1984 Voto de la Tarjeta de Evaluaciones
The export of nuclear power plants to foreign countries can create even more serious environmental threats than nuclear power development in the United States. Most other countries have much weaker safety standards than the U.S. and some reactors in the third world are being built in volcanic areas. The most serious problem of all is the increased risk of nuclear weapons proliferation.
As a signer of the Nuclear Nonproliferation Treaty, it is U.S. policy to prevent foreign countries from using our nuclear exports to build bombs. Under the Nuclear Nonproliferation Act, any nation receiving nuclear fuel or nuclear technology from the U.S. must agree not to use them to build nuclear weapons, and must accept international safeguards and inspections of their nuclear facilities. But the Reagan Administration has taken advantage of loopholes in the law to approve exports of nuclear components, spare parts, and technology to nations which refuse to follow these restrictions. These countries include South Africa (which may already have nuclear weapons), Argentina, and India (which has already used U.S. materials to construct a bomb).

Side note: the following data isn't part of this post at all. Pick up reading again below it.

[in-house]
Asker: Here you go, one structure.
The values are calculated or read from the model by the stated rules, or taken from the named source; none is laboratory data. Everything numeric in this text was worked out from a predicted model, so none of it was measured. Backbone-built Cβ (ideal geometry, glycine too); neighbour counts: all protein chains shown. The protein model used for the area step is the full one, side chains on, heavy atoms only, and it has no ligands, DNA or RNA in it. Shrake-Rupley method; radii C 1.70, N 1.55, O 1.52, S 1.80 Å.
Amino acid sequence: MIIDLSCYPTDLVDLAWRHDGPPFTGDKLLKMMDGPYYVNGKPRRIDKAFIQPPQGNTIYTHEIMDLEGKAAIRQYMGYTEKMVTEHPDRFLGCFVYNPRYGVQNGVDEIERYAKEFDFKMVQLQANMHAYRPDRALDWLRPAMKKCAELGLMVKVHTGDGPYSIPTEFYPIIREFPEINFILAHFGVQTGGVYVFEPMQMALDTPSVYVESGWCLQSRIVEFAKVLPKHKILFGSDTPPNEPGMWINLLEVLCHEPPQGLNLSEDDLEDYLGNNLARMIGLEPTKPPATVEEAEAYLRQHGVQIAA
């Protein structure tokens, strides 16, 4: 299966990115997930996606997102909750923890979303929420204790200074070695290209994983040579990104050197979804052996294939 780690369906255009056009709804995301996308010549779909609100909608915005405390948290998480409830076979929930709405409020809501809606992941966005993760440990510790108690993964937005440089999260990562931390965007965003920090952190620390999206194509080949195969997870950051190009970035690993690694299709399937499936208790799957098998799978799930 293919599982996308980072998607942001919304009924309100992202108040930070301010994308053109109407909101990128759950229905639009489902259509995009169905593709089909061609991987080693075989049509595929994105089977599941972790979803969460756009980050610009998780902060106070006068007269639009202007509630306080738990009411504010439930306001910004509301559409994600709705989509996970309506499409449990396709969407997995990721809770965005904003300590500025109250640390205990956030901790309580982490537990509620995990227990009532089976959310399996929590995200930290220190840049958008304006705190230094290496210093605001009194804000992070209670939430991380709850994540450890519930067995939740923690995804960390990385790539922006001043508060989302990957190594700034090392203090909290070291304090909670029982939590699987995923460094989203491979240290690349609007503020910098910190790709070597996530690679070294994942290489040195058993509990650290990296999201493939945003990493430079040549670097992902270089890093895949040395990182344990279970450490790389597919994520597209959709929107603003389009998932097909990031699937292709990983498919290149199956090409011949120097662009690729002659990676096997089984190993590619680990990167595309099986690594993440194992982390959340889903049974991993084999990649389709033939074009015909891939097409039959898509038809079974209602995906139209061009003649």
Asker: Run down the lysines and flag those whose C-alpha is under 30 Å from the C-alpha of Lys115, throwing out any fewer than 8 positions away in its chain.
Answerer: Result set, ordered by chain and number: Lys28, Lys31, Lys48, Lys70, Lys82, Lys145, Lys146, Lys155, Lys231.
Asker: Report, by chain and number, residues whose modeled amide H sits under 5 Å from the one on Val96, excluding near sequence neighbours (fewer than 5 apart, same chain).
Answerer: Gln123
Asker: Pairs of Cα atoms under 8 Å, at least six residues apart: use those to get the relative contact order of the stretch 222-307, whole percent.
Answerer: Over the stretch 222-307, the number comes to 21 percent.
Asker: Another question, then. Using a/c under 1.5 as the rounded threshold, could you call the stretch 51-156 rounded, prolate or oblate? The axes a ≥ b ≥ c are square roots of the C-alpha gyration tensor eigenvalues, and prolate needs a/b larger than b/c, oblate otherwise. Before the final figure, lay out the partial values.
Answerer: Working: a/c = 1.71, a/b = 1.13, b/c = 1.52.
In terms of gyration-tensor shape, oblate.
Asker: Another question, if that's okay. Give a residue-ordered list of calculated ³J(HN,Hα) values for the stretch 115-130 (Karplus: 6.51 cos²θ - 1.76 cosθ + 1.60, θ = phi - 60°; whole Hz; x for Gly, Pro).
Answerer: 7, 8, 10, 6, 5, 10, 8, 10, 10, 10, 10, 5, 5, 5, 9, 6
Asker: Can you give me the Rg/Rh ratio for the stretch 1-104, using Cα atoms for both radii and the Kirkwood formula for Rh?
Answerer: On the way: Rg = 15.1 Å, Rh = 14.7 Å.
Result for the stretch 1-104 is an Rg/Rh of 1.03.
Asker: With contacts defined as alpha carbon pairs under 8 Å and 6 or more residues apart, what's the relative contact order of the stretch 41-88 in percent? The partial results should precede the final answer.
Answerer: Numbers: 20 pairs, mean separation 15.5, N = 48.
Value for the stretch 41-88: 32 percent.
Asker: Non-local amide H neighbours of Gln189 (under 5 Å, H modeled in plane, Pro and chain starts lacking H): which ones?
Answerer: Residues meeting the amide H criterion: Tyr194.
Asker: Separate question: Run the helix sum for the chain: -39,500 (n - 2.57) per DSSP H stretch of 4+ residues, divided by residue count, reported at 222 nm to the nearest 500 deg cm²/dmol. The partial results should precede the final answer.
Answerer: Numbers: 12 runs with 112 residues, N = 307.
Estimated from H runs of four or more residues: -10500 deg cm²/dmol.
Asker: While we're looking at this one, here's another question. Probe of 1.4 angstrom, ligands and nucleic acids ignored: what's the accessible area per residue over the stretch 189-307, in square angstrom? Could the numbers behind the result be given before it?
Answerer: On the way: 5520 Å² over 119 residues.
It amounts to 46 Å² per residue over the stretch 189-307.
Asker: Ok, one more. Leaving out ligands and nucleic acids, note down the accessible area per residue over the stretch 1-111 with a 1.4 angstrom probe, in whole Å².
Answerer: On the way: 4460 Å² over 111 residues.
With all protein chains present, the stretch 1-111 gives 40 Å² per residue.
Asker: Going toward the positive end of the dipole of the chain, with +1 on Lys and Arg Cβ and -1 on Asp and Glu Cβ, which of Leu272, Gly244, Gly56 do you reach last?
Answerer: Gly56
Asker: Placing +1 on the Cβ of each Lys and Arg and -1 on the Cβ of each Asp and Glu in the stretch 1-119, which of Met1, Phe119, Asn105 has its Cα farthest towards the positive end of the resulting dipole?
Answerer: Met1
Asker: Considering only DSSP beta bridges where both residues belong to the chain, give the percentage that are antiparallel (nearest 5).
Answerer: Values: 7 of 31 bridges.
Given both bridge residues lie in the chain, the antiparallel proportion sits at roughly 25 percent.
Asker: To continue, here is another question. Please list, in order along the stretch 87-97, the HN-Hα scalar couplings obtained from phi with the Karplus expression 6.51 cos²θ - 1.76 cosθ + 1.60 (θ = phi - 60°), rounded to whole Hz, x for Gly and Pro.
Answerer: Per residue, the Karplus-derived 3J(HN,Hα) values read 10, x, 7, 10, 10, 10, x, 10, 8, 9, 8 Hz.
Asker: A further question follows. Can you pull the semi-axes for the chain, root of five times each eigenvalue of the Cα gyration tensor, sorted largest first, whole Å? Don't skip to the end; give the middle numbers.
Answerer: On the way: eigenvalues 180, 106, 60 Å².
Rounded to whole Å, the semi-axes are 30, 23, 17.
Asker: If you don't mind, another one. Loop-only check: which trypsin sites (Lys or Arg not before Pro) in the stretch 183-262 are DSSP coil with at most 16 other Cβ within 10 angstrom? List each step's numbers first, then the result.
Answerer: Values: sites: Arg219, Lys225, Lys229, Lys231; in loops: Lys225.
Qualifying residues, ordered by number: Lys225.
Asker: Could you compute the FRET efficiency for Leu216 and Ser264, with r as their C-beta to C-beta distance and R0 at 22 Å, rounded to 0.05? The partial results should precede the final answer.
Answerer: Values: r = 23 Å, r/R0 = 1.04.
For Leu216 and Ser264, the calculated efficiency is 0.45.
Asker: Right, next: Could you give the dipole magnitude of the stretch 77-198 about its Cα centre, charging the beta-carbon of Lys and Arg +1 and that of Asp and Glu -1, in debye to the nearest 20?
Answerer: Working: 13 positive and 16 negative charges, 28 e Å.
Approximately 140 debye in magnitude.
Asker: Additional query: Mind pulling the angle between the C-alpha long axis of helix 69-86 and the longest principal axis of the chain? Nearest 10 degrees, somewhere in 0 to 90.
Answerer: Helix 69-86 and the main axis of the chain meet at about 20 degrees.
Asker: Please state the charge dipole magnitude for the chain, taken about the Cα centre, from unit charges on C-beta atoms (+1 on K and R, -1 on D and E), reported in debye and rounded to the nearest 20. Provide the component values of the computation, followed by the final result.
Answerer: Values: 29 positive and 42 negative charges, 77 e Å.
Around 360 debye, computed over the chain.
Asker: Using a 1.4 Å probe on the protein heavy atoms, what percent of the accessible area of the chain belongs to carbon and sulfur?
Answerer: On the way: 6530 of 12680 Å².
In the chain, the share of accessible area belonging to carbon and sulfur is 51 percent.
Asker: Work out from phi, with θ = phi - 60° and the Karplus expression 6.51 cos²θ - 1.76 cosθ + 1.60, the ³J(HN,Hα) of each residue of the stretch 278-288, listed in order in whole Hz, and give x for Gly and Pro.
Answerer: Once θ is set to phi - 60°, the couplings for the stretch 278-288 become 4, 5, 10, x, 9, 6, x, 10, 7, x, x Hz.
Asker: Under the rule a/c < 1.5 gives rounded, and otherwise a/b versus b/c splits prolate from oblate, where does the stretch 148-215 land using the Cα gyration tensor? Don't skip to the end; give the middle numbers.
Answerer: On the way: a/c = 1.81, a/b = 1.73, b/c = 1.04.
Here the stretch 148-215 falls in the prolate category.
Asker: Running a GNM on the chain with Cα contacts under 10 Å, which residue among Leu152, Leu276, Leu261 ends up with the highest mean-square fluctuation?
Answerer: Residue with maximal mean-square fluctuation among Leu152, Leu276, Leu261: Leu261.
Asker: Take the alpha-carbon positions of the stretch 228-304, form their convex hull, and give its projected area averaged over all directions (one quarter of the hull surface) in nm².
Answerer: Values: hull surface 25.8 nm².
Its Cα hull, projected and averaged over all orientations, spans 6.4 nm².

The Humphrey-Roth amendment would have closed the loopholes which made these actions possible. This vote was on the McClure substitute to that amendment, which would have allowed the President discretion to continue such exports.
McClure substitute rejected 38-55; February 28, 1984. NO is the pro-environmental vote. (McClure substitute to Humphrey-Roth amendment to the Export Administration Amendments, S. 979). The Reagan Administration supported the McClure substitute. Although both Houses of Congress voted to close these loopholes, the bill died in a House-Senate Conference, thus allowing the loopholes to continue.